If you look at just about any online source on the Voyager, you will see the same assertion: that they were initially designated AT-19A and -19B, before changing to L-9A and L-9B. Of course this was NEVER the case. EVER. Six examples of the Model 10 (HW-80) were evaluated by the Army Air Forces in 1941 as the YO-54. A subsequent order for eight production examples of the Model 10A (HW-90) was placed and they were designated as L-9A, while another twelve aircraft were impressed from civilian examples as L-9B. Now please keep in mind that these allocations were done in 1942 [42-88666/88673], at at time when the Reliant had ALREADY been ordered as the AT-19 advanced trainer [42-46640/46889]. It would make absolutely NO sense to designate these small liaison types as Advanced Trainers, even less so to call them by the same designation already in use for another completely different aircraft of the same manufacturer! So you may ask, how come such a gross mistake has been repeated all over the webs? First of all because of people like me, who repeated in good faith for many years what they had read in authoritative books. Many reliable sources make exactly the same mistake, which makes you wonder: WHERE did they get the notion that the L-9 aircraft could have been called AT-19 at any point in time? I decided to check the mother of all aviation lists, or just about, the wonderful booklet published by Fahey in 1948 about every Army aircraft type since the beginning, and SURPRISE! That's where the mistake came from. Fahey being 99% right about about what he wrote (he omitted stuff that he didn't know or wasn't allowed to list), people like Bowers or whoever ever counted in U.S. aviation book writing probably never questioned what they found in this particular source, while in this case they should.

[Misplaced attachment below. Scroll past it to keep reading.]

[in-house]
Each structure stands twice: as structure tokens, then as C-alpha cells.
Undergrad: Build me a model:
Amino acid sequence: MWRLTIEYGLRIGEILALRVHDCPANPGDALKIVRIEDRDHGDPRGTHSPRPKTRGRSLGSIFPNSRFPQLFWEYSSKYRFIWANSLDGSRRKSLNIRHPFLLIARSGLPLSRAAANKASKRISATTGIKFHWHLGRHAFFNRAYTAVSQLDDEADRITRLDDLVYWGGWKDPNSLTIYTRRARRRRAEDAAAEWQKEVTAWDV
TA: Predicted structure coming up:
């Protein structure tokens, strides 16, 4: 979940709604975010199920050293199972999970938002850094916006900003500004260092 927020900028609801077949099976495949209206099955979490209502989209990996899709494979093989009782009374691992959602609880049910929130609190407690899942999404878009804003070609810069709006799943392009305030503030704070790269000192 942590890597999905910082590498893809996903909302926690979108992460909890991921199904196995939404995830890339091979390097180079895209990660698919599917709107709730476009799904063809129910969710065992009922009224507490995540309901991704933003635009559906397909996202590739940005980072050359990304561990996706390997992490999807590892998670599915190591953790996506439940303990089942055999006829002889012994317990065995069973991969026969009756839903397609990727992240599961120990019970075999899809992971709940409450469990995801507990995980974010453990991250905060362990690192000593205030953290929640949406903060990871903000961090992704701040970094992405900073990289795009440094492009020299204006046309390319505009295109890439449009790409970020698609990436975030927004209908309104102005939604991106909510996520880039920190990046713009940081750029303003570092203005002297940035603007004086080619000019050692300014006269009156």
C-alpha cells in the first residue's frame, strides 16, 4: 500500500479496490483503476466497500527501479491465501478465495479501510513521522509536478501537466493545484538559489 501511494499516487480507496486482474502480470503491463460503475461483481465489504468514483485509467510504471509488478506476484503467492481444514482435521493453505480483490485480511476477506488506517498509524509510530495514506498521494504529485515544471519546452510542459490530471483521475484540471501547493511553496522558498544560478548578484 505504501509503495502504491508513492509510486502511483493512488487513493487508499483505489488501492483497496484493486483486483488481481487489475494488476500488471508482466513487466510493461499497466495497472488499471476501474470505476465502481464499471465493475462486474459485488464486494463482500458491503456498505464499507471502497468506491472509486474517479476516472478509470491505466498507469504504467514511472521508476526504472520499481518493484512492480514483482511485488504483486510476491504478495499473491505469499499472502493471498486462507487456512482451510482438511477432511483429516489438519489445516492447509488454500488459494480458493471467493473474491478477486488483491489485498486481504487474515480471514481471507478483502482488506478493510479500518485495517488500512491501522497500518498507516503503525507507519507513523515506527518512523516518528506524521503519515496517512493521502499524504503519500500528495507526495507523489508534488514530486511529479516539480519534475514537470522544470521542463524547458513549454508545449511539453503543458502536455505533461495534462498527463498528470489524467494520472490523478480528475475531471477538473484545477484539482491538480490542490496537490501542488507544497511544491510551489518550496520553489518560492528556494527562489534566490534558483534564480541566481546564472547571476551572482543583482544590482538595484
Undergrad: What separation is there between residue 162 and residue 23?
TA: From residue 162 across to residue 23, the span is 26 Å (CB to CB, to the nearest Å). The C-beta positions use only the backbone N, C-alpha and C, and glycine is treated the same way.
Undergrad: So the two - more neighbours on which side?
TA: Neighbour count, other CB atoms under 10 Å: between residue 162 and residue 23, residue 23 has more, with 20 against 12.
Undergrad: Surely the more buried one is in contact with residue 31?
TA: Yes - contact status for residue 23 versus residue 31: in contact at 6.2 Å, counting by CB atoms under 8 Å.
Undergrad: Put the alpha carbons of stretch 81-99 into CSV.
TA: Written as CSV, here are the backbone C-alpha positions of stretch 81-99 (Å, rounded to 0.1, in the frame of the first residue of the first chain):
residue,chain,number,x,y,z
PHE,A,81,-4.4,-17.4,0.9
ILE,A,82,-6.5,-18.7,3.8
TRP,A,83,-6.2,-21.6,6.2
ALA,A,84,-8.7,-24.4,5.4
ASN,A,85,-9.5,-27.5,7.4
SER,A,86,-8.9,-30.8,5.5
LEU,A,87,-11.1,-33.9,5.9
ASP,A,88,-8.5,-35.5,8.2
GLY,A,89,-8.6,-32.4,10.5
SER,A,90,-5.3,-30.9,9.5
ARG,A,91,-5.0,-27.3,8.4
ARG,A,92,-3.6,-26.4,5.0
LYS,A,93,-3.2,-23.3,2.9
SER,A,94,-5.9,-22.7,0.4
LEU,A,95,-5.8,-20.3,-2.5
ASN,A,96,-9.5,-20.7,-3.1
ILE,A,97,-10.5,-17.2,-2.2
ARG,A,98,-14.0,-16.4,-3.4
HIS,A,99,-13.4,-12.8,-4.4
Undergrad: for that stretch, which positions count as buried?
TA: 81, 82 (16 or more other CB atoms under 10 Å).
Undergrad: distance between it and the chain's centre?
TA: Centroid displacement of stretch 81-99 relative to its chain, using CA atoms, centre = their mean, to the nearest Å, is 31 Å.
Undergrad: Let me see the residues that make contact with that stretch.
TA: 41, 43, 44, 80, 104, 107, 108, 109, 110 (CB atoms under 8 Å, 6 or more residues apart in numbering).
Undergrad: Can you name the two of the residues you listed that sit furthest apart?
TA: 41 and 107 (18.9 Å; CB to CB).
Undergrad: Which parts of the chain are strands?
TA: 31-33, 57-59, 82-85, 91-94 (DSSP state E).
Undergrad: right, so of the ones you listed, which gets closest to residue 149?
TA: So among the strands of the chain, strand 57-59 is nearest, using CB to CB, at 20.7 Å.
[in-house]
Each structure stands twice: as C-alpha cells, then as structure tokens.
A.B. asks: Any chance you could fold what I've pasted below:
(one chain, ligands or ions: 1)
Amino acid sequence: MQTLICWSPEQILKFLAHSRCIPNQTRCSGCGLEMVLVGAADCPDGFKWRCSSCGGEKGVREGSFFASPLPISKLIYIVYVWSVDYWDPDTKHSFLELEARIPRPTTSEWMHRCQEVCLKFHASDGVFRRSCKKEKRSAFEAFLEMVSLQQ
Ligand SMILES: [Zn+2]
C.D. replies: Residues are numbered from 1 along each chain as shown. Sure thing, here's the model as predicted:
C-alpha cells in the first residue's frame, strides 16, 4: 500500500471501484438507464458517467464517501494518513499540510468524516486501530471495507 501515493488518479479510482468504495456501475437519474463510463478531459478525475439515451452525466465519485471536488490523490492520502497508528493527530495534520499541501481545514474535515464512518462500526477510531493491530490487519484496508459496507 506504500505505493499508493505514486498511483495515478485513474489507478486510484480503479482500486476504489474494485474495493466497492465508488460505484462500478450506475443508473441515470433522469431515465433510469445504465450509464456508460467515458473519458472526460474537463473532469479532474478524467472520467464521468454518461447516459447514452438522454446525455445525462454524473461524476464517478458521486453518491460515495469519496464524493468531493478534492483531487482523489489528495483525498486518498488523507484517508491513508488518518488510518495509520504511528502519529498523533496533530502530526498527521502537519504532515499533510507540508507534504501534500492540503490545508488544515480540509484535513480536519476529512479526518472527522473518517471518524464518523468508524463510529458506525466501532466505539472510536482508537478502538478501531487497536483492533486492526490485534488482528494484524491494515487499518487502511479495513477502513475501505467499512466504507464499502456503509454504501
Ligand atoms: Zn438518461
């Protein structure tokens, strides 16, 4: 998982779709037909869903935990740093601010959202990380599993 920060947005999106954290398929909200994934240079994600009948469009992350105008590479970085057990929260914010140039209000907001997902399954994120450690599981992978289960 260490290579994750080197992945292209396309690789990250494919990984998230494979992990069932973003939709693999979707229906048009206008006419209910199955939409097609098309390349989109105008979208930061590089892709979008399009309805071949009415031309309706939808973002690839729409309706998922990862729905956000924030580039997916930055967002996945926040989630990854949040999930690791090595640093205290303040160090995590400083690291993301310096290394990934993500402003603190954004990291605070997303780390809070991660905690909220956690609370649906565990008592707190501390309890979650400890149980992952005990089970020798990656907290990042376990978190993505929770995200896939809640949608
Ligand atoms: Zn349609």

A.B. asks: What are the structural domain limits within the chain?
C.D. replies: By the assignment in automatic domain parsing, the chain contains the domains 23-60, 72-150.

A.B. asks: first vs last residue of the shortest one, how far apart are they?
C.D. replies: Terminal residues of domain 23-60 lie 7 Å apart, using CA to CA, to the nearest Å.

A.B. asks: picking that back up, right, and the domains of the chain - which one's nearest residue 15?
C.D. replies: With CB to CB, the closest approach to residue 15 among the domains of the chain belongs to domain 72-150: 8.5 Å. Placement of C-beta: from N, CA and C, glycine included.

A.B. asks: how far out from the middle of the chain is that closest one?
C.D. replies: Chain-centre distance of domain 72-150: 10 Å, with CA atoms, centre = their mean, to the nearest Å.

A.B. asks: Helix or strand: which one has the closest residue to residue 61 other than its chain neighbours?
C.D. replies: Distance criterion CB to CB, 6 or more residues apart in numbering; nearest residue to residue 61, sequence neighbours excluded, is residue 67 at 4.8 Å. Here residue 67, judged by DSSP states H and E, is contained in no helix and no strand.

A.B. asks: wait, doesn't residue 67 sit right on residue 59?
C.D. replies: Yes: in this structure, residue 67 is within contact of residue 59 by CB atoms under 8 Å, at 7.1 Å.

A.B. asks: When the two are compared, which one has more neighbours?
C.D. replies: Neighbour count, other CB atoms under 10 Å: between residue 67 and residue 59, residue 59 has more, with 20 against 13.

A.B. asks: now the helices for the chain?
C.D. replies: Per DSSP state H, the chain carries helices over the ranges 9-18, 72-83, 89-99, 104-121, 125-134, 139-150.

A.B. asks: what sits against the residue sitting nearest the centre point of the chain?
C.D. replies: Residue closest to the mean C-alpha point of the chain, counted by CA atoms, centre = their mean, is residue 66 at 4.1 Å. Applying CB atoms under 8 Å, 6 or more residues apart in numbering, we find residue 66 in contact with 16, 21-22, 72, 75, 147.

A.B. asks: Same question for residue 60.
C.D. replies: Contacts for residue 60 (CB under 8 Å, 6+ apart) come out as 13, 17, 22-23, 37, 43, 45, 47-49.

PROBLEM No. 6: CONVAIR'S AMBIGUOUS MODEL NUMBERS